June 14, 2023
Counterterrorism Partnerships Sharpen America’s Competitive Edge
Counterterrorism may not be America’s top national security priority anymore, but counterterrorism partnerships play a larger role in America’s foreign policy than simply preventing transnational terror attacks against America and its allies: they build the very bilateral relationships the United States needs to keep its competitive edge in the wider strategic competition against the likes of China and Russia. Yet U.S. policymakers treat counterterrorism and competition with China and Russia as two separate efforts, an either-or choice in a world where terrorism is no longer America’s primary national security threat.
This geopolitical contest drives the realignment of national security resources toward building defense capabilities to deter Chinese aggression and reinforcing NATO, particularly through support for Ukraine, while prioritizing more conventional Indo-Pacific partnerships. Seemingly left behind by this shift are those U.S. partners whose shared interests with the United States—namely counterterrorism—fall lower on a list of U.S. strategic priorities than, say, climate and energy security, global health, and nuclear non-proliferation.
Partially justifying the shift away from counterterrorism is the near elimination of the direct threat terrorist groups like al Qaeda and the Islamic State pose to the United States and its allies. Counterterrorism operations have almost erased their ability to carry out mass-casualty attacks within the United States itself. Better border security, better international counterterrorism infrastructure, and better remote targeting capabilities—i.e., drones, surveillance, and the like—provide layers of defense against such attacks within a counterterrorism machine that essentially runs on autopilot (though this over-the-horizon posture may prove less effective than advertised). Moreover, the local conflicts in which al Qaeda and the Islamic State have embedded themselves are messy and complex—stoking fears in Washington of foreign entanglements and long-term military commitments.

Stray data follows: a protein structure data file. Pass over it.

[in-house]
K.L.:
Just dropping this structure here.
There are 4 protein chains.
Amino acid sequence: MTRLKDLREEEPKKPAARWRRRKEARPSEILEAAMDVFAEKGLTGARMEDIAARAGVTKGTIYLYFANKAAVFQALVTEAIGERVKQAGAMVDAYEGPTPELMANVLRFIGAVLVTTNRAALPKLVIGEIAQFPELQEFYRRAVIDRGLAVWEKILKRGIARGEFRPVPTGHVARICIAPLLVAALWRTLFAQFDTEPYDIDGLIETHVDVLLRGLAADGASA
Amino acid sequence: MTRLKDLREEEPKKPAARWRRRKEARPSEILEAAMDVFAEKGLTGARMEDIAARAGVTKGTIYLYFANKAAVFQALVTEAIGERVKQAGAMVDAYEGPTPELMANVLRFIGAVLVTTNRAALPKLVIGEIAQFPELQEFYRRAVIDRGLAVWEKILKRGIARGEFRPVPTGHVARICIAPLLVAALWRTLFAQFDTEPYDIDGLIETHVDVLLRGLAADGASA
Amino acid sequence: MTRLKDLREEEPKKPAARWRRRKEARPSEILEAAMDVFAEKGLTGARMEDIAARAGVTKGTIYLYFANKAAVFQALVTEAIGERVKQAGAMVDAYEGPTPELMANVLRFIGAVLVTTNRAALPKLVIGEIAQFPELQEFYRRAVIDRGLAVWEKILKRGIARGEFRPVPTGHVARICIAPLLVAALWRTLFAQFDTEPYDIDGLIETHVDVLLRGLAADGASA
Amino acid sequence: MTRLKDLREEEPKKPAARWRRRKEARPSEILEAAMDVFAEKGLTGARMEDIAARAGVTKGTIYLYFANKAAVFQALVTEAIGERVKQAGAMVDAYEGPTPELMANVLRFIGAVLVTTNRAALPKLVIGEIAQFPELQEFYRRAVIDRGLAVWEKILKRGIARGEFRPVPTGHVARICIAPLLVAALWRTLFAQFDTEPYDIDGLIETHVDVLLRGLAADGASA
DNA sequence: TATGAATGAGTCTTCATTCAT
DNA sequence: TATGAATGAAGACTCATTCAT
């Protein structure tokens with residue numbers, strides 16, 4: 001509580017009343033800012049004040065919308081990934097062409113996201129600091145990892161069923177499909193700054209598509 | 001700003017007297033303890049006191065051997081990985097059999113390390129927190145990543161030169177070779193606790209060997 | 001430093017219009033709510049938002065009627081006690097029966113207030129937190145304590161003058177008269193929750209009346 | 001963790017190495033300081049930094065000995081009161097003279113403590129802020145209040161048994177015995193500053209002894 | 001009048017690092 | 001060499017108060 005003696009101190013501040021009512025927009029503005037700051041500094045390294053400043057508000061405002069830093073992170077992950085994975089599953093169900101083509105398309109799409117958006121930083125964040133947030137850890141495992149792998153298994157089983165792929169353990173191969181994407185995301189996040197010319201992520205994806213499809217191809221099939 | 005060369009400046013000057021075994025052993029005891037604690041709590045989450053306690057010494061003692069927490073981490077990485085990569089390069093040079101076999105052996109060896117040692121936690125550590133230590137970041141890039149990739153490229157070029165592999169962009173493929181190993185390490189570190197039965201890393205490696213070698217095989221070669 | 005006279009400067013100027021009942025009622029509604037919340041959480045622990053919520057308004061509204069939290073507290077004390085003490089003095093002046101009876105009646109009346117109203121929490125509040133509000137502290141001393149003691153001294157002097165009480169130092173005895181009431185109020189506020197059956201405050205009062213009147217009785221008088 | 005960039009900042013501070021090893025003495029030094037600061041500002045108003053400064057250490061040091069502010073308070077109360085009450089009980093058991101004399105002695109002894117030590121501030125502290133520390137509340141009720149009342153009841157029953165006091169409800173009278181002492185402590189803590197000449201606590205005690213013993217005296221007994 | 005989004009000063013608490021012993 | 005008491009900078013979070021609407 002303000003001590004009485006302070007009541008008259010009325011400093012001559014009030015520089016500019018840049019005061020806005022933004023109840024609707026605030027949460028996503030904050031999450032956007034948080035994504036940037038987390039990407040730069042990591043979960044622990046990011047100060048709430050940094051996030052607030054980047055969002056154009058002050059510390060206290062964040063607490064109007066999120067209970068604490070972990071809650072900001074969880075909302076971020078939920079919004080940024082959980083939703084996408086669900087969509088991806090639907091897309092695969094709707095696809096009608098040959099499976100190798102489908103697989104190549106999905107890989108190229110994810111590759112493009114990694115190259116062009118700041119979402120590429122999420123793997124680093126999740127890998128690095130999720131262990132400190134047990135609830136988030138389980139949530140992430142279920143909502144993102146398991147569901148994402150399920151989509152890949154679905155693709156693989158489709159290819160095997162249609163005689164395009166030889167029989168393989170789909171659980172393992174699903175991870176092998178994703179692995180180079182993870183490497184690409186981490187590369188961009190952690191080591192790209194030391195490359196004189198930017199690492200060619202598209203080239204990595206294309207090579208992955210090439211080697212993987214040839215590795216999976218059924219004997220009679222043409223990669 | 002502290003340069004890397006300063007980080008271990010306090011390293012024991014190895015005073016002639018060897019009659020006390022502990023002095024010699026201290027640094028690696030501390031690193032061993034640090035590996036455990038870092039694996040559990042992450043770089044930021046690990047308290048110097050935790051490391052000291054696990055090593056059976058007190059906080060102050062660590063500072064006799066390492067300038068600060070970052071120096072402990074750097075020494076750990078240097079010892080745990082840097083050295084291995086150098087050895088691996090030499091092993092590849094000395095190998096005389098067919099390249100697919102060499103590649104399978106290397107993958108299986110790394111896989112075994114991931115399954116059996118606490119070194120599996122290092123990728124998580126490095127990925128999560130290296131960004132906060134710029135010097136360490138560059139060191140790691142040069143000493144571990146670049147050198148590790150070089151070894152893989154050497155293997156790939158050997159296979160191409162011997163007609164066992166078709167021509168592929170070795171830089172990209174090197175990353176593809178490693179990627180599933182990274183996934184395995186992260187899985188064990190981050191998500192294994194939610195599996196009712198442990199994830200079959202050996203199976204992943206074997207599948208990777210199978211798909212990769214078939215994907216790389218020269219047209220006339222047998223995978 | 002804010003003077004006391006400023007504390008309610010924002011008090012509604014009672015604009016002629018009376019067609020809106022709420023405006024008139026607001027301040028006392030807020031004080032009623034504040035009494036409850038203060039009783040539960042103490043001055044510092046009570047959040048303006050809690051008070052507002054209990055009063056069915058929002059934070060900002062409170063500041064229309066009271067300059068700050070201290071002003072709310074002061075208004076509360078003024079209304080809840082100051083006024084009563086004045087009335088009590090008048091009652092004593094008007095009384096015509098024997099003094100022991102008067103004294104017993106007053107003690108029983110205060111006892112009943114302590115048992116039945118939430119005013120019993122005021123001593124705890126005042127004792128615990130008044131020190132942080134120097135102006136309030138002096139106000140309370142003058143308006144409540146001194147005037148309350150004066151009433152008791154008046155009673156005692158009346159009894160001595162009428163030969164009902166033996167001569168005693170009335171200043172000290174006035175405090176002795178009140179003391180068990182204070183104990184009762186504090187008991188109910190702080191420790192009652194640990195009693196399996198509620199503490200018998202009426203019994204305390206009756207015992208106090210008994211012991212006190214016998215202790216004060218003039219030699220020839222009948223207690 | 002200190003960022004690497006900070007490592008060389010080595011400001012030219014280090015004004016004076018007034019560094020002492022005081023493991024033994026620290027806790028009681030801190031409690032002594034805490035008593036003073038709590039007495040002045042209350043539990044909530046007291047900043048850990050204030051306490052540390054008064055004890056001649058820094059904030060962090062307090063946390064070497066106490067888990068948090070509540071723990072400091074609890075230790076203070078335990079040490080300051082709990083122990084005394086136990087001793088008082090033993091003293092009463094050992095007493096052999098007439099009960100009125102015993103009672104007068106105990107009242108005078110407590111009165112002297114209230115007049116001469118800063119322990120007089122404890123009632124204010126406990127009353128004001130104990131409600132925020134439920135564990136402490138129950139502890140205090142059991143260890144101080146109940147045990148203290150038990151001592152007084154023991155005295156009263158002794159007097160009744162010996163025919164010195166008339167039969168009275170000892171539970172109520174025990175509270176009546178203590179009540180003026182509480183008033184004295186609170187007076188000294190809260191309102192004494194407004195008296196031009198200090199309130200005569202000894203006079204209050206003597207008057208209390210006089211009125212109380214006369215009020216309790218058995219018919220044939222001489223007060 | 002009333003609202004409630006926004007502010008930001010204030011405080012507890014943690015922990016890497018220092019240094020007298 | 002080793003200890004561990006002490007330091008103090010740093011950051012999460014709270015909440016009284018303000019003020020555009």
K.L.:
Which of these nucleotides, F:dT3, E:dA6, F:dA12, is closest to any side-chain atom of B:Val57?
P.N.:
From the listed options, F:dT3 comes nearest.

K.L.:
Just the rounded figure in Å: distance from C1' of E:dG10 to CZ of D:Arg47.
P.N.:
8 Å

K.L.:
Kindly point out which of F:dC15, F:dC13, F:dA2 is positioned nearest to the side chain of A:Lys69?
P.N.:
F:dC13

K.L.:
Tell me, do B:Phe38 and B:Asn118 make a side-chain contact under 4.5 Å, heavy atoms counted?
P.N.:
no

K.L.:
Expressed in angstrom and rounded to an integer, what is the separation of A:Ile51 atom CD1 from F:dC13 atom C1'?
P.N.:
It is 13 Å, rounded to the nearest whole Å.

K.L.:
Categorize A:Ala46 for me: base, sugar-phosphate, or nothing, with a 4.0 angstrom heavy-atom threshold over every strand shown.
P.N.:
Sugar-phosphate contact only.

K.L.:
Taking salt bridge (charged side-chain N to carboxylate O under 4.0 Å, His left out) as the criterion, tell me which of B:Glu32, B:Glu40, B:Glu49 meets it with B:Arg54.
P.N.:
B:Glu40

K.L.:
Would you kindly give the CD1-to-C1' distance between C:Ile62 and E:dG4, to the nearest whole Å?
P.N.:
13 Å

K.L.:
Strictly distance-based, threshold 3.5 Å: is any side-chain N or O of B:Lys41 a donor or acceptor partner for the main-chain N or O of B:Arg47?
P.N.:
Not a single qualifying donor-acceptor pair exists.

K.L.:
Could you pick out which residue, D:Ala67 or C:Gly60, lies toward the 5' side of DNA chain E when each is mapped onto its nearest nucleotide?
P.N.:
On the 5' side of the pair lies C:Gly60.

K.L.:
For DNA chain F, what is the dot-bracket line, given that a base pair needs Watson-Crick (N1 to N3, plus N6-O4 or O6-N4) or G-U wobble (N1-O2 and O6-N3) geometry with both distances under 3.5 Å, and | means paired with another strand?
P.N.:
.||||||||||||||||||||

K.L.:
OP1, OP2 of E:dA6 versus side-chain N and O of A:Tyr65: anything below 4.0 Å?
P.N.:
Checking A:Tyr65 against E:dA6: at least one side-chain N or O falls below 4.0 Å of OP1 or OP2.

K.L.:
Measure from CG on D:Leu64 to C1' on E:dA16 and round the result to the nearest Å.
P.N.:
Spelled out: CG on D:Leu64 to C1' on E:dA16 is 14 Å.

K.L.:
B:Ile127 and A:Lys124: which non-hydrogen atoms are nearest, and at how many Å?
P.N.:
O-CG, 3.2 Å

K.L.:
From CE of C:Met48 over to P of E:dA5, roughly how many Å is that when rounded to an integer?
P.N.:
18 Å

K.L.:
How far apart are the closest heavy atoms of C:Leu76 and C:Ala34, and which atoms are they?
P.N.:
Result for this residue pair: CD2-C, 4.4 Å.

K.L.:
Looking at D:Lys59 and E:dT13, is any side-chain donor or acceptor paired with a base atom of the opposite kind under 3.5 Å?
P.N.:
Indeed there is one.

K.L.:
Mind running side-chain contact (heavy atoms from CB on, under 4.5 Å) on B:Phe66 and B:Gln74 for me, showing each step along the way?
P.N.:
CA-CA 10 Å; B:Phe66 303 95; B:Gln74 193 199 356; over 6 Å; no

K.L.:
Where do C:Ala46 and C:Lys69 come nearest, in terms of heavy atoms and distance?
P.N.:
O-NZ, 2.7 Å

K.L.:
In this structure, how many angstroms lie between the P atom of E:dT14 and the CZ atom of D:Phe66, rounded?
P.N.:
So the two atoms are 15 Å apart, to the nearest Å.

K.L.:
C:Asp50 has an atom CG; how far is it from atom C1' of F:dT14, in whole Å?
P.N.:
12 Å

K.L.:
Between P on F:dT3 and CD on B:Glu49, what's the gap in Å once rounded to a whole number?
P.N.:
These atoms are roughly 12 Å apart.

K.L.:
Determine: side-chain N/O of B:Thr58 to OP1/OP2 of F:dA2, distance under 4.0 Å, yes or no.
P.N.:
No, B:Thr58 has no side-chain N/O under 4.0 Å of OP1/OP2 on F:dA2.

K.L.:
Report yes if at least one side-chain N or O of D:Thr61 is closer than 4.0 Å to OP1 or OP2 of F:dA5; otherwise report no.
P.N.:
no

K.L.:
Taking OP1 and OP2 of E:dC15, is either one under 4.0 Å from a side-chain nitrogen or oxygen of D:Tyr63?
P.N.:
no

Read more in The Liberal Patriot here.